• The CTA also applies only to businesses with under $5 million in annual revenues and fewer than 20 employees, thus ensuring that the very companies who can least afford the costs associated with compliance are the ones targeted.
  • Additionally, the coalition emphasizes that despite a looming effective date of January 1, 2023, FinCEN regulators have not finalized the “Access Rule,” which specifies who can access the database and for what purposes, nor an updated “Customer Due Diligence Rule” that applies to financial institutions. Regulators have not laid out a clear plan for engaging millions of affected businesses to convey upcoming responsibilities.
  • In April, bipartisan groups of House and Senate policymakers urged FinCEN to amend the proposed beneficial ownership reporting and access rules, contending certain provisions do not follow congressional intent. (Reuters, April 5)
  • Rep. McHenry, Sen. Sheldon Whitehouse (D-RI), and a bipartisan, bicameral group of congressional lawmakers requested that FinCEN amend the proposed beneficial ownership rule to adhere to congressional intent and ensure reporting companies cannot avoid transparency. (Congressional letter, April 3)

The Roundtable is also part of a broad coalition of business trade groups that supports a National Small Business Association legal challenge (NSBA v. Janet Yellen) on the constitutionality of the Corporate Transparency Act (CTA), which became law in Jan. 2021. (Coalition statement of support, Dec. 7, 2022 and NSBA’s website on the CTA)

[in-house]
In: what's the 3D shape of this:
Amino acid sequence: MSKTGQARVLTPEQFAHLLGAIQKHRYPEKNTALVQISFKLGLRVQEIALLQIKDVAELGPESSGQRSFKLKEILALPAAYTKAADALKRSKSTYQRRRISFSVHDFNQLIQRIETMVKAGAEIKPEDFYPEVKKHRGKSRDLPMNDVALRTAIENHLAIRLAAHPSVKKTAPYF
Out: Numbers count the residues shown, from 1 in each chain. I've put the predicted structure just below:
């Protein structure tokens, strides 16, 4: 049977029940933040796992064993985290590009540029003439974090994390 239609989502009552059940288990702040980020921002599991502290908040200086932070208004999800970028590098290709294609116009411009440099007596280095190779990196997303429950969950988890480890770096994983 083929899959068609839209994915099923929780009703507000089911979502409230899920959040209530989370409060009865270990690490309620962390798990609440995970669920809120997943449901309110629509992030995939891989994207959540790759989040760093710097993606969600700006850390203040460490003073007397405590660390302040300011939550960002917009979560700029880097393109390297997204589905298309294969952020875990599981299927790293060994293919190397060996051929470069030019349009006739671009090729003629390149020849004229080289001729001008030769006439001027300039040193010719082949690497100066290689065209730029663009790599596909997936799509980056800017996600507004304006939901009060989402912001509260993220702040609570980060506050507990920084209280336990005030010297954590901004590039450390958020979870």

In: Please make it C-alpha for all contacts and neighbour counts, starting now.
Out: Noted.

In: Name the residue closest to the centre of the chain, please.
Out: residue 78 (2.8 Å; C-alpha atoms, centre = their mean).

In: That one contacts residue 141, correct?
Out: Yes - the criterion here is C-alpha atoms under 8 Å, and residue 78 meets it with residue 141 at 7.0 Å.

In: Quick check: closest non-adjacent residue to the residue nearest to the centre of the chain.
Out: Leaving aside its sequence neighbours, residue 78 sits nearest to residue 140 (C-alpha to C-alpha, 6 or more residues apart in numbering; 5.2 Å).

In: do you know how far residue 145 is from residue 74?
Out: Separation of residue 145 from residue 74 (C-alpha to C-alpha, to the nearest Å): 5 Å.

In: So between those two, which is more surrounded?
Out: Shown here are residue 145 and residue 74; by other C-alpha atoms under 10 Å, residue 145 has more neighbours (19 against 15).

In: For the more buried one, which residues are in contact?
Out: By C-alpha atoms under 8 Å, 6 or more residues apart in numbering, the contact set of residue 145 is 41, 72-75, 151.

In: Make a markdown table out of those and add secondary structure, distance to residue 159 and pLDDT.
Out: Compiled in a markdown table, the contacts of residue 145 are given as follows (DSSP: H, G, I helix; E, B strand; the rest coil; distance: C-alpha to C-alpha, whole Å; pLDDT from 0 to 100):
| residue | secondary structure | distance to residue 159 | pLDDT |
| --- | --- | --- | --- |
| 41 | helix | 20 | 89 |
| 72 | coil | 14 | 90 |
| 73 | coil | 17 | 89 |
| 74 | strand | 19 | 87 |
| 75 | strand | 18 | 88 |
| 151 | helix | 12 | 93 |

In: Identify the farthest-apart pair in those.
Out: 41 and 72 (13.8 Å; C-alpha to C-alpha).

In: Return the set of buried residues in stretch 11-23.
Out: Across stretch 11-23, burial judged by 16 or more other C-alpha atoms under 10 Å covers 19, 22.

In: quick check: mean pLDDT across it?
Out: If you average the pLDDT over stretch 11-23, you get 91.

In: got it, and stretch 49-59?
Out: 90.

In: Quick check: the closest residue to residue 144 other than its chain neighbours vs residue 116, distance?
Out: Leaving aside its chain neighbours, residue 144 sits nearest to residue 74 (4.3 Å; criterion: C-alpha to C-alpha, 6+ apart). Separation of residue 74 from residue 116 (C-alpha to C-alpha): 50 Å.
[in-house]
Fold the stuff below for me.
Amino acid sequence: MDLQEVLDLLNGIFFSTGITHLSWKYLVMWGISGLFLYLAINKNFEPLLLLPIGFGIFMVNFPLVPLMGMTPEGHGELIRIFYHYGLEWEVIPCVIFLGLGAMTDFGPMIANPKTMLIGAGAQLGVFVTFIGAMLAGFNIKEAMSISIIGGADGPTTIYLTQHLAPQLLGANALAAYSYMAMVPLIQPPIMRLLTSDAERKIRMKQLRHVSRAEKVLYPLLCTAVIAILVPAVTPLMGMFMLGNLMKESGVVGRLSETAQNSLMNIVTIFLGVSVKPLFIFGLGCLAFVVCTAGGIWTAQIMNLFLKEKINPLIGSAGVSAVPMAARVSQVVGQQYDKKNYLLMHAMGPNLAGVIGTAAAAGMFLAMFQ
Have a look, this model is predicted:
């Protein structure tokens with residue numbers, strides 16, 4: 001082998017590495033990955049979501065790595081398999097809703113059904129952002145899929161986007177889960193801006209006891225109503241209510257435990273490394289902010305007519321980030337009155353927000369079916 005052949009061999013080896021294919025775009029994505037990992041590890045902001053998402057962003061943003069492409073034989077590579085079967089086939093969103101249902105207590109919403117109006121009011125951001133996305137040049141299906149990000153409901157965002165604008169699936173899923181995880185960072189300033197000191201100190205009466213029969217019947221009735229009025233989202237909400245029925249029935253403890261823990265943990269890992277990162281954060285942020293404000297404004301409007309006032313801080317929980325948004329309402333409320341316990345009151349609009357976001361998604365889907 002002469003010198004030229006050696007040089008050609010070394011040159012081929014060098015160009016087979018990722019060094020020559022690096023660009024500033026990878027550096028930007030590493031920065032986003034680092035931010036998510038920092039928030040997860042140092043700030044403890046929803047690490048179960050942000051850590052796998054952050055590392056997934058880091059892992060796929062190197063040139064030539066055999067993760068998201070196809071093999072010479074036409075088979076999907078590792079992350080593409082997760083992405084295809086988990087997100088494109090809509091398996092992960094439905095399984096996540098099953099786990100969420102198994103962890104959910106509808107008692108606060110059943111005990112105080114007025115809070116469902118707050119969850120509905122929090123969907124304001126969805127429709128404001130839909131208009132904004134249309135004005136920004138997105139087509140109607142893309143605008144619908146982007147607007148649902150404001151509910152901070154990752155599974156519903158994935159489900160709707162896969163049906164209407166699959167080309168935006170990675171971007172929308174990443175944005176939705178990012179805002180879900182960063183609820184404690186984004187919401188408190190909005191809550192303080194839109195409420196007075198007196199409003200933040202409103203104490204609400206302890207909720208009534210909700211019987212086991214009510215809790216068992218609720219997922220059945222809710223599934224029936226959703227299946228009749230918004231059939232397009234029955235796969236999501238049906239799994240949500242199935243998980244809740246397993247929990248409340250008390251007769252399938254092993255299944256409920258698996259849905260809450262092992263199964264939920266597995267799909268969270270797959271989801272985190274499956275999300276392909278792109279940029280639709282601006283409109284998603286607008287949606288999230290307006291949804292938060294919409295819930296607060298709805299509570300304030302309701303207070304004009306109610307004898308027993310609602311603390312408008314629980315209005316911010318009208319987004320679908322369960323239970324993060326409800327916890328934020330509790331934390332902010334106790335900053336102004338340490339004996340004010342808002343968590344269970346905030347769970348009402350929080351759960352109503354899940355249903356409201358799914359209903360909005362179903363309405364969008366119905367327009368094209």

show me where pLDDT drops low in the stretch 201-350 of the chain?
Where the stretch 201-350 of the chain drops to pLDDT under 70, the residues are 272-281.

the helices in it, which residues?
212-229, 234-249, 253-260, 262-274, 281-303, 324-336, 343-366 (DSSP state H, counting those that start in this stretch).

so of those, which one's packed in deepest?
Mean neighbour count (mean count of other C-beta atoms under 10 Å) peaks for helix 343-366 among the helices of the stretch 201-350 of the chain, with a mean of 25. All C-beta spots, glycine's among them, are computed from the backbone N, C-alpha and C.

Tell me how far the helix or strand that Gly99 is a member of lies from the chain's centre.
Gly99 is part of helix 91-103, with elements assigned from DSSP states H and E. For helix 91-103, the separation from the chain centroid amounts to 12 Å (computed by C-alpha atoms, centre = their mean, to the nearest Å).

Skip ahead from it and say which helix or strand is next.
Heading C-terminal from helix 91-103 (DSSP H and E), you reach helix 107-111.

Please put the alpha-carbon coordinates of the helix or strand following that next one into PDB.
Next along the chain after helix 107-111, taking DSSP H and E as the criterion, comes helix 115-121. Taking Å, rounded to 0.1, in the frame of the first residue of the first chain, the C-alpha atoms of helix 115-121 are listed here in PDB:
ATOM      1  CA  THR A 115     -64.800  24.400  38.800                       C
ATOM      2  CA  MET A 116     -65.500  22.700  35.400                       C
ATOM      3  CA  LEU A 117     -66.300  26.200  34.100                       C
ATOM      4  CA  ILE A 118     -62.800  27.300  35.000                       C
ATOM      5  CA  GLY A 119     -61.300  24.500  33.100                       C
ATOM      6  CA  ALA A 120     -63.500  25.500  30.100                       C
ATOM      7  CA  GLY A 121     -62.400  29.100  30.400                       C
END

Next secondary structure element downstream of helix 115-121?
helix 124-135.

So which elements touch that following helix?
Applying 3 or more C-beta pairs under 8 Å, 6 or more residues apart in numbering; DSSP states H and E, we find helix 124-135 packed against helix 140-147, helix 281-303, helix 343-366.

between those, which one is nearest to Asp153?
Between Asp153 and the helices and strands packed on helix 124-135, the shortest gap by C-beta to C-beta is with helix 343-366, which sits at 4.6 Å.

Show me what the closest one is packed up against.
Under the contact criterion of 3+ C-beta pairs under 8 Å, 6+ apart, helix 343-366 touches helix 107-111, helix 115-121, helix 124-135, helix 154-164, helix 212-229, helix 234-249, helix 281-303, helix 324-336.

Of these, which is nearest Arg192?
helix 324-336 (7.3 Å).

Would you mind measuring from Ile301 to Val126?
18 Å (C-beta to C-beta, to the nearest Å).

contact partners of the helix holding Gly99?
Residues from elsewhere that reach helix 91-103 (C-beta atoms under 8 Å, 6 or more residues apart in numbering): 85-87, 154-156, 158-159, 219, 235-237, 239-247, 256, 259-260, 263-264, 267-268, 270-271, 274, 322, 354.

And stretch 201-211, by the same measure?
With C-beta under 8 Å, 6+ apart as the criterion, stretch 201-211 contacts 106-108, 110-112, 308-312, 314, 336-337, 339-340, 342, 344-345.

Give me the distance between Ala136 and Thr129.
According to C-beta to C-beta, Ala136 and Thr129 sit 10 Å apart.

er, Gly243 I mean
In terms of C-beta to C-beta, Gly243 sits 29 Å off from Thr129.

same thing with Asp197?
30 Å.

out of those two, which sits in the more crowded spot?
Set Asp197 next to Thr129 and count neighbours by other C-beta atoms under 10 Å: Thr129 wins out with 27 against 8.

Policymakers Urge Treasury to Amend Proposed Beneficial Ownership Rule

Capitol building

Bipartisan groups of House and Senate policymakers recently sent letters urging Treasury’s Financial Crimes Enforcement Network (FinCEN) to amend proposed beneficial ownership reporting and access rules, contending certain provisions do not follow congressional intent. (BGov, April 4 and Reuters, April 5)

House “Escape Hatch” Modification

  • Rep. Patrick McHenry (R-NC), chairman of the House Financial Services Committee, Sen. Sheldon Whitehouse (D-RI), and a bipartisan, bicameral group of congressional  lawmakers sent a letter on April 3 to Treasury Secretary Janet Yellen and FinCEN Acting Director Himamauli Das about the Treasury Department’s Notice of Proposed Rulemaking (NPRM) on beneficial ownership information reporting requirements. (Roundtable Weekly, May 7, 2021)